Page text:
The monsoon moisture has brought welcome relief to the drought that has strained water resources in New Mexico.
At the start of 2021, the entire state was experiencing some degree of drought conditions and more than half the state was in exceptional drought category, according to the U.S. Drought Monitor.
An exceptional drought leads to major rivers, such as the Rio Grande, running dry, causes farmers to turn to groundwater rather than surface water and burn bans on federal lands.
“I kind of see the last half of June as being the start (of monsoon season),” said Scott Overpeck, a meteorologist with the National Weather Service in Albuquerque.
At the beginning of July, about 30 percent of the state was in an exceptional drought. That has since decreased to 9 percent, including Farmington, Santa Fe and Los Alamos. Some parts of the state are not experiencing any drought conditions, according to the most recent map. But less than 7 percent of the state—including areas like Roswell and Raton—has emerged from abnormally dry conditions.
Overpeck said monsoon season in New Mexico tends to last through September. He said the monsoons have impacted the entire state, but the eastern part has seen more rainfall as a result of the storms.
He said forecasts show continued monsoon moisture in the first week of August, but it could dry out later in the fall.
Monsoon storms can be patchy. Overpeck said one area will receive a lot of water one day while another area receives none and then that could change the next day. He said the state is not seeing big, broad areas receiving steady rainfall. And he said he doesn’t anticipate that will change.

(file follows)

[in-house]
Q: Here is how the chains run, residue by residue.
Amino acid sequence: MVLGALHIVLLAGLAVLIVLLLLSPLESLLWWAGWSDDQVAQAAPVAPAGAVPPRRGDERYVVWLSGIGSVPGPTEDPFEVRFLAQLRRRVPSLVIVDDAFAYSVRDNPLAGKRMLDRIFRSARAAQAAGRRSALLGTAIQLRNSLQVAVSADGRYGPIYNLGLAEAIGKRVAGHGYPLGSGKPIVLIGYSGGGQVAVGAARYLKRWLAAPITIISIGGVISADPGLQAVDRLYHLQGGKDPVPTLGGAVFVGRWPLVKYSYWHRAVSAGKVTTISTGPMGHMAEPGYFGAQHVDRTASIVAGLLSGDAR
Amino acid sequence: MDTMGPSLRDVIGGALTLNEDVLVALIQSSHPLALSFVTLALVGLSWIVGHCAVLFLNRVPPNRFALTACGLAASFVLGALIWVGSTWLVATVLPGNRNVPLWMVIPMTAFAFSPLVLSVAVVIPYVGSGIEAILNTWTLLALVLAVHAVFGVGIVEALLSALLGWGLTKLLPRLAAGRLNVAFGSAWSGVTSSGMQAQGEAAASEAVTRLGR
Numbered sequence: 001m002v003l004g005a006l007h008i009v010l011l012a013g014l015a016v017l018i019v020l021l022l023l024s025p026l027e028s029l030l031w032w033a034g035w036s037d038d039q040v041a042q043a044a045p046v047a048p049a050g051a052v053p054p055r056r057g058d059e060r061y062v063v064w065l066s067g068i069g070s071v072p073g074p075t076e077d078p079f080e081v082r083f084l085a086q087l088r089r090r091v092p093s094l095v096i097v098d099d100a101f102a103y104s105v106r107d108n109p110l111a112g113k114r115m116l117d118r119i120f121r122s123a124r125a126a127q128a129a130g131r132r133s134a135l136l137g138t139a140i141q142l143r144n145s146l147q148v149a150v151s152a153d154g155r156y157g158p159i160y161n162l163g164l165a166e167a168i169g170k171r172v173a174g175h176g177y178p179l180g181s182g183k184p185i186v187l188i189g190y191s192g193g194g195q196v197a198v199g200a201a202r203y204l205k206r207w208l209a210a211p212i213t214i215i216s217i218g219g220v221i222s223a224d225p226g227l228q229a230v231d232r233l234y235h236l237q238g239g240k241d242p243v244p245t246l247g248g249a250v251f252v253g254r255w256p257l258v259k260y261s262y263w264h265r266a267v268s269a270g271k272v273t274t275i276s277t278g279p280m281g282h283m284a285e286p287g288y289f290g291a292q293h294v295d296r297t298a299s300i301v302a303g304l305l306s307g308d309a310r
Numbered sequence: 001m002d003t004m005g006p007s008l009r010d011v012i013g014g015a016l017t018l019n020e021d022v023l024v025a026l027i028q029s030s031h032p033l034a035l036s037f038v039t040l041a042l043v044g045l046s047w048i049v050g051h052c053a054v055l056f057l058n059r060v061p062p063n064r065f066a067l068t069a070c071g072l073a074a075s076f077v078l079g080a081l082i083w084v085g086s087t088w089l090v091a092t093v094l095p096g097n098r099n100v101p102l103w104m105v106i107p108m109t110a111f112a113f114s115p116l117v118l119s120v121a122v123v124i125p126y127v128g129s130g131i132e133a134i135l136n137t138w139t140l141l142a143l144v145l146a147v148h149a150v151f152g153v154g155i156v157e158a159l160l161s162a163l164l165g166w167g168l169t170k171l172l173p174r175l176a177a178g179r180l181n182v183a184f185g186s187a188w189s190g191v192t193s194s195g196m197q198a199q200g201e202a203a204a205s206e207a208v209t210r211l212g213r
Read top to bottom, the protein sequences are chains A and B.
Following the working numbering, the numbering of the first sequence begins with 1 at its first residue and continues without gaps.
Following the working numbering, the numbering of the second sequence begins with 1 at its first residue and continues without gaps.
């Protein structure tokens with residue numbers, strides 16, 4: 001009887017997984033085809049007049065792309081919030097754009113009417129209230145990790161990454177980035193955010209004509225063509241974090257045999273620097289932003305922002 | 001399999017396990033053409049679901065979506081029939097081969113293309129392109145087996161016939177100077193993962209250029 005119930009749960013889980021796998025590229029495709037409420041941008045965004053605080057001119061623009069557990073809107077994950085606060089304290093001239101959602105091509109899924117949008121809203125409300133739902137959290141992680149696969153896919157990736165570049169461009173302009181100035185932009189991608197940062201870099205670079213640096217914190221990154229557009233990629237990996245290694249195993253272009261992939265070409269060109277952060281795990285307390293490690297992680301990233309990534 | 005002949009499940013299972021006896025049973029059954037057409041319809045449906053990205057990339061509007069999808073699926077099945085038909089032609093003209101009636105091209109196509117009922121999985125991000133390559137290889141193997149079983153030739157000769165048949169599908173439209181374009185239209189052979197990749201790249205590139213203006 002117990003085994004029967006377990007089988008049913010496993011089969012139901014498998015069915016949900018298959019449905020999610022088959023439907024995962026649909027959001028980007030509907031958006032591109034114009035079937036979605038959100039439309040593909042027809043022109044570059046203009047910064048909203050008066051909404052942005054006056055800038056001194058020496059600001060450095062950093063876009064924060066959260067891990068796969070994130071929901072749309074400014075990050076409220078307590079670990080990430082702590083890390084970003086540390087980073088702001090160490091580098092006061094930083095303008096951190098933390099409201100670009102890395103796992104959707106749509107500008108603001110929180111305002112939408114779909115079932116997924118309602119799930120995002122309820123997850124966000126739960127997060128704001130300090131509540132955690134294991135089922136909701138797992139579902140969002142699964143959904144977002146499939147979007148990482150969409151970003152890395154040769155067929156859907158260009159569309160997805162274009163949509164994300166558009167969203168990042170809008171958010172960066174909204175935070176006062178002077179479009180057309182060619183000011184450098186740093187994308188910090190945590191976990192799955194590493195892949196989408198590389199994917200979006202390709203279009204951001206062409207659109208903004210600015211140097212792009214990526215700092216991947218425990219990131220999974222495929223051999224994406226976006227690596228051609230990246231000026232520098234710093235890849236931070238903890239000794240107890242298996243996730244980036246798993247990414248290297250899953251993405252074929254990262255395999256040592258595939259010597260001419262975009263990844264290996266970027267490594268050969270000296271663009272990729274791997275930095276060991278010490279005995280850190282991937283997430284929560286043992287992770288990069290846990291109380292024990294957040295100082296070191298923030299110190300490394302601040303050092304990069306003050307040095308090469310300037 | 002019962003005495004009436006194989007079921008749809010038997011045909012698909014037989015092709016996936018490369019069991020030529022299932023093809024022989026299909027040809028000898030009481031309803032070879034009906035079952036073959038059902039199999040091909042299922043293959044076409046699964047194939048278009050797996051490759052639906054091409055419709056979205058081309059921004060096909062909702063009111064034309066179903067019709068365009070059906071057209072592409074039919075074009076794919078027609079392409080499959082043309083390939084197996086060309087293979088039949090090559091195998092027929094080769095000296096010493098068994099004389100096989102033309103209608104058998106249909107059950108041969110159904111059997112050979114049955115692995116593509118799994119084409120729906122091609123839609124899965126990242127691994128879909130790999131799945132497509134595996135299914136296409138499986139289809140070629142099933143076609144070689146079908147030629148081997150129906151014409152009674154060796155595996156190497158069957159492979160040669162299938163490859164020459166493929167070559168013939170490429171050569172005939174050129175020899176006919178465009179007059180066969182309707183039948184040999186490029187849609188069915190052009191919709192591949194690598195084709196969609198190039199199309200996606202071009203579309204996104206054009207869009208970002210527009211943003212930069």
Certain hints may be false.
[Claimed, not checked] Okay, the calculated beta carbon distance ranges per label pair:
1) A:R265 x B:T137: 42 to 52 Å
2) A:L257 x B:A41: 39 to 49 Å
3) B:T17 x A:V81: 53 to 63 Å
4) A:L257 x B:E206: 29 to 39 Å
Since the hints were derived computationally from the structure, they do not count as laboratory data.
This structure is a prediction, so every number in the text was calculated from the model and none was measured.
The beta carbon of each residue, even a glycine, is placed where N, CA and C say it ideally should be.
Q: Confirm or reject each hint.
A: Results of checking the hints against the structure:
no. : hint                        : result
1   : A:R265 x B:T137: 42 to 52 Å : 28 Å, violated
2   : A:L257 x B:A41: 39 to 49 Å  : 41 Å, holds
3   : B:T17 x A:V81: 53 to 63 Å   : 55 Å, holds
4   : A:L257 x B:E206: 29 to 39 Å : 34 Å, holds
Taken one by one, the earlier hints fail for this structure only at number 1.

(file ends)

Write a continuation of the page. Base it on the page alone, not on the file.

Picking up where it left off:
Overpeck said the climate prediction center shows an equal chance of above or below average precipitation in August.
And La Niña conditions may be developing, which could mean less winter moisture in New Mexico. During the La Niña, the water temperatures in the Pacific Ocean are cooler.
“Certainly not what we want to hear about when we’re in drought,” Overpeck said.
He said the hope is that the state will continue to see monsoon moisture so that if things do move into a drier pattern during the autumn and winter, the monsoons will have improved the drought conditions.
According to the National Oceanic and Atmospheric Association’s Climate Prediction Center, the La Niña conditions may develop during the September to November time period.
During an Interstate Stream Commission meeting on Friday, ISC Director Rolf Schmidt-Petersen said one of the unknowns that New Mexico faces while developing its 50-year water plan is how often the state will get these heavy monsoon rains and if they will come at any regular frequency in the future.
“(Monsoon rains) don’t provide what the snowmelt runoff provides, but boy if they come at the right time, particularly on the eastern part of the state and some other areas, they can make a huge difference,” he said.